In 2007 NYU promised New York City it would cut carbon emissions by 30 percent in 10 years. The University accomplished this goal in only five. Cecil Scheib, NYU’s assistant vice president for sustainability, says the University saved approximately $30 million on energy during that same time period. Since then, it saves about $15 million annually, mostly due to efficiency improvements to campus buildings. These include switching from oil to gas for heating and cooling. Now NYU Sustainability is pursuing similar improvements across many levels and from many stakeholders, including its students. We asked Scheib how students can contribute to the University’s efforts to be more green.
What should incoming students know about NYU’s sustainability initiatives?
NYU students are in the front lines of the climate crisis fight. Due to their advocacy, NYU cut its greenhouse gas emissions by 30 percent in just five years. That’s like over 65,000 acres of trees—more than all of Manhattan and Brooklyn combined! We are now on our way to 50 percent by 2025. Most of this gain comes from making our student residences, classrooms, and labs more energy efficient. And it’s not just about taking steps to address climate change. For better or worse, most students spend over 90 percent of their time indoors. NYU’s green building strategy helps improve indoor air circulation. This in turn helps students perform better. So the University’s strategy is a win-win for all.
What are some sustainability-focused programs first-year students can get involved with when they arrive on campus?
The first thing students should do when they get to campus is look out for sustainability events during Welcome Week. Every year, we introduce students to our programs and initiatives during fall Welcome Day. We take students on a green tour of campus and orient them on how to travel around the city by bike. Students can also find various communities interested in sustainability and relevant topics during Club Fest.
Those who choose to live on campus should consider applying for the EcoReps program. This program allows students to educate themselves and fellow residents about sustainability at NYU. The very first program the EcoReps run is the Green Room Pledge, where residents can make a commitment to live sustainably in on-campus housing. Throughout the year, the EcoReps spearhead activities like the Zero Waste Challenge, where students put all of their nonrecyclable trash in a plastic bag that they then carry around for an entire week; NYUnplugged, an inter-residence hall energy conservation challenge; and the Green Apple Move Out, a campus-wide spring cleaning during which students donate unwanted items to Goodwill.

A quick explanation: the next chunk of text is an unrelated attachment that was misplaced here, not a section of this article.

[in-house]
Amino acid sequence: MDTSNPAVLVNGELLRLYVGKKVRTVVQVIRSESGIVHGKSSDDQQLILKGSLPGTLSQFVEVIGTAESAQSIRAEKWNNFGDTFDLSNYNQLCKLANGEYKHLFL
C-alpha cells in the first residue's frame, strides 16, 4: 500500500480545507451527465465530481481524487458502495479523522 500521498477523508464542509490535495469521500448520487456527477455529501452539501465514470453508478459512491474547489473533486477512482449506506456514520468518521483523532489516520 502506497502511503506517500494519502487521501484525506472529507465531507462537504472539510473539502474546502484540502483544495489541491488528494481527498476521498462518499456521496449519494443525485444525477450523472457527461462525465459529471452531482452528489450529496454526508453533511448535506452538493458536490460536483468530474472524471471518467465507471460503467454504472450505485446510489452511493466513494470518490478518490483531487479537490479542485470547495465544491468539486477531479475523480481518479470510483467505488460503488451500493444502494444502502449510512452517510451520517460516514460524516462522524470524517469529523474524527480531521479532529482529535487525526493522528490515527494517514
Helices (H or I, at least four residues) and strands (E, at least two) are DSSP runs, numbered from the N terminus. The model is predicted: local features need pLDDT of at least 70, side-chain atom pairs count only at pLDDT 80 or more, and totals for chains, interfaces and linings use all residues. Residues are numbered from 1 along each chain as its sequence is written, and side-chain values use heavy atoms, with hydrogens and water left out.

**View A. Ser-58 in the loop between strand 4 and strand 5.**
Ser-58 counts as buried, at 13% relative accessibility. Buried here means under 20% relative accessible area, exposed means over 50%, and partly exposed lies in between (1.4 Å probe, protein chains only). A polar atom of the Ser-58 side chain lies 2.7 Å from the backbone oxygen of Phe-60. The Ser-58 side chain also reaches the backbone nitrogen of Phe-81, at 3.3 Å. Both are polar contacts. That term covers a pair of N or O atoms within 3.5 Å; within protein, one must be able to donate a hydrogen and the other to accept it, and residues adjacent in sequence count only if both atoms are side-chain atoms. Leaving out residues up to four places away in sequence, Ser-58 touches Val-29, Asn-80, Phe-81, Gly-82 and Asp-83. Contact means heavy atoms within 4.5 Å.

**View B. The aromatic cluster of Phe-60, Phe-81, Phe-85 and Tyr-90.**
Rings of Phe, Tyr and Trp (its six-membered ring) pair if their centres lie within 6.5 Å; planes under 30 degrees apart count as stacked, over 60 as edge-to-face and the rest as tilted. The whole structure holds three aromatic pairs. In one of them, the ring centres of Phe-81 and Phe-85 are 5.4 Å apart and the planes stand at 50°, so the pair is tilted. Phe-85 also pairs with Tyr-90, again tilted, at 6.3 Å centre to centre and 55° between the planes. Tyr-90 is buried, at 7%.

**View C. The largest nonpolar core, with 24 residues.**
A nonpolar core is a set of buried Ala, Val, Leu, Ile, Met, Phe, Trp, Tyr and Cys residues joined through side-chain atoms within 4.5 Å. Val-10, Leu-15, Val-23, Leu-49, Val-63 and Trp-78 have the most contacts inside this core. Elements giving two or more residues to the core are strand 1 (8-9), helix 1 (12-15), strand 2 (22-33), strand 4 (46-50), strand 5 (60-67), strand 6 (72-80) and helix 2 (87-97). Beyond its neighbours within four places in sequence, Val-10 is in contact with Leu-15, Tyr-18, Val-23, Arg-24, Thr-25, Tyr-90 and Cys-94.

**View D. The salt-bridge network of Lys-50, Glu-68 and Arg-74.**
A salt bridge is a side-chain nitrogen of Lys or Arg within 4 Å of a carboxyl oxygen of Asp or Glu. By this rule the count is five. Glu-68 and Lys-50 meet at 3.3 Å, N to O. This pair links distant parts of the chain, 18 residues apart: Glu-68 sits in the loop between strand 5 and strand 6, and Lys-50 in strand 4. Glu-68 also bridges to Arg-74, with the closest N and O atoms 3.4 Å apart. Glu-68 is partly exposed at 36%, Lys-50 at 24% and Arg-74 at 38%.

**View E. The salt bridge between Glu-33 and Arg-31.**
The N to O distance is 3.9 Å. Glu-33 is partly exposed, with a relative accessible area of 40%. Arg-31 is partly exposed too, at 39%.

Are there any programs in the planning stages?
Students will take the lead in solving local and planetary environmental issues as NYU becomes carbon neutral by 2040. By reducing our energy waste and then buying clean and green power, NYU will show how students and faculty can succeed academically without damaging the health of the people or the world around us. The same principles apply to trash and food. Students have a lot of opportunities to get involved here.
How do trash and food affect sustainability?
Sustainability and energy-saving efforts must focus not merely on dealing with the waste we’ve created but also on reducing the amount we make of it in the first place. For example, instead of addressing how we recycle single-serve water bottles, we need to ask why we are using them to begin with, particularly when there’s good, free drinking water all over campus. Food is another commodity that goes to great waste. In fact, some of the finest minds on the planet in both environmental science and food studies here at NYU say that one of the most impactful things we can do is choose menu options lower on the food chain.
What is the NYU Green Grants program and what types of projects has it made possible?
The Green Grants program is an opportunity for any member of the NYU community to apply for funding up to $20,000 to implement an innovative or entrepreneurial idea that advances sustainability. Some past projects have become successful businesses and stand-alone ventures. For example, RISE found a solution for waste in the food industry by turning spent grains from breweries into nutrient-rich flour. Green Grant projects that are now institutionalized at NYU include the Bike Share program, a free bike rental service, and GoGreen Week, a student-led effort across NYU’s three degree-granting campuses and global locations.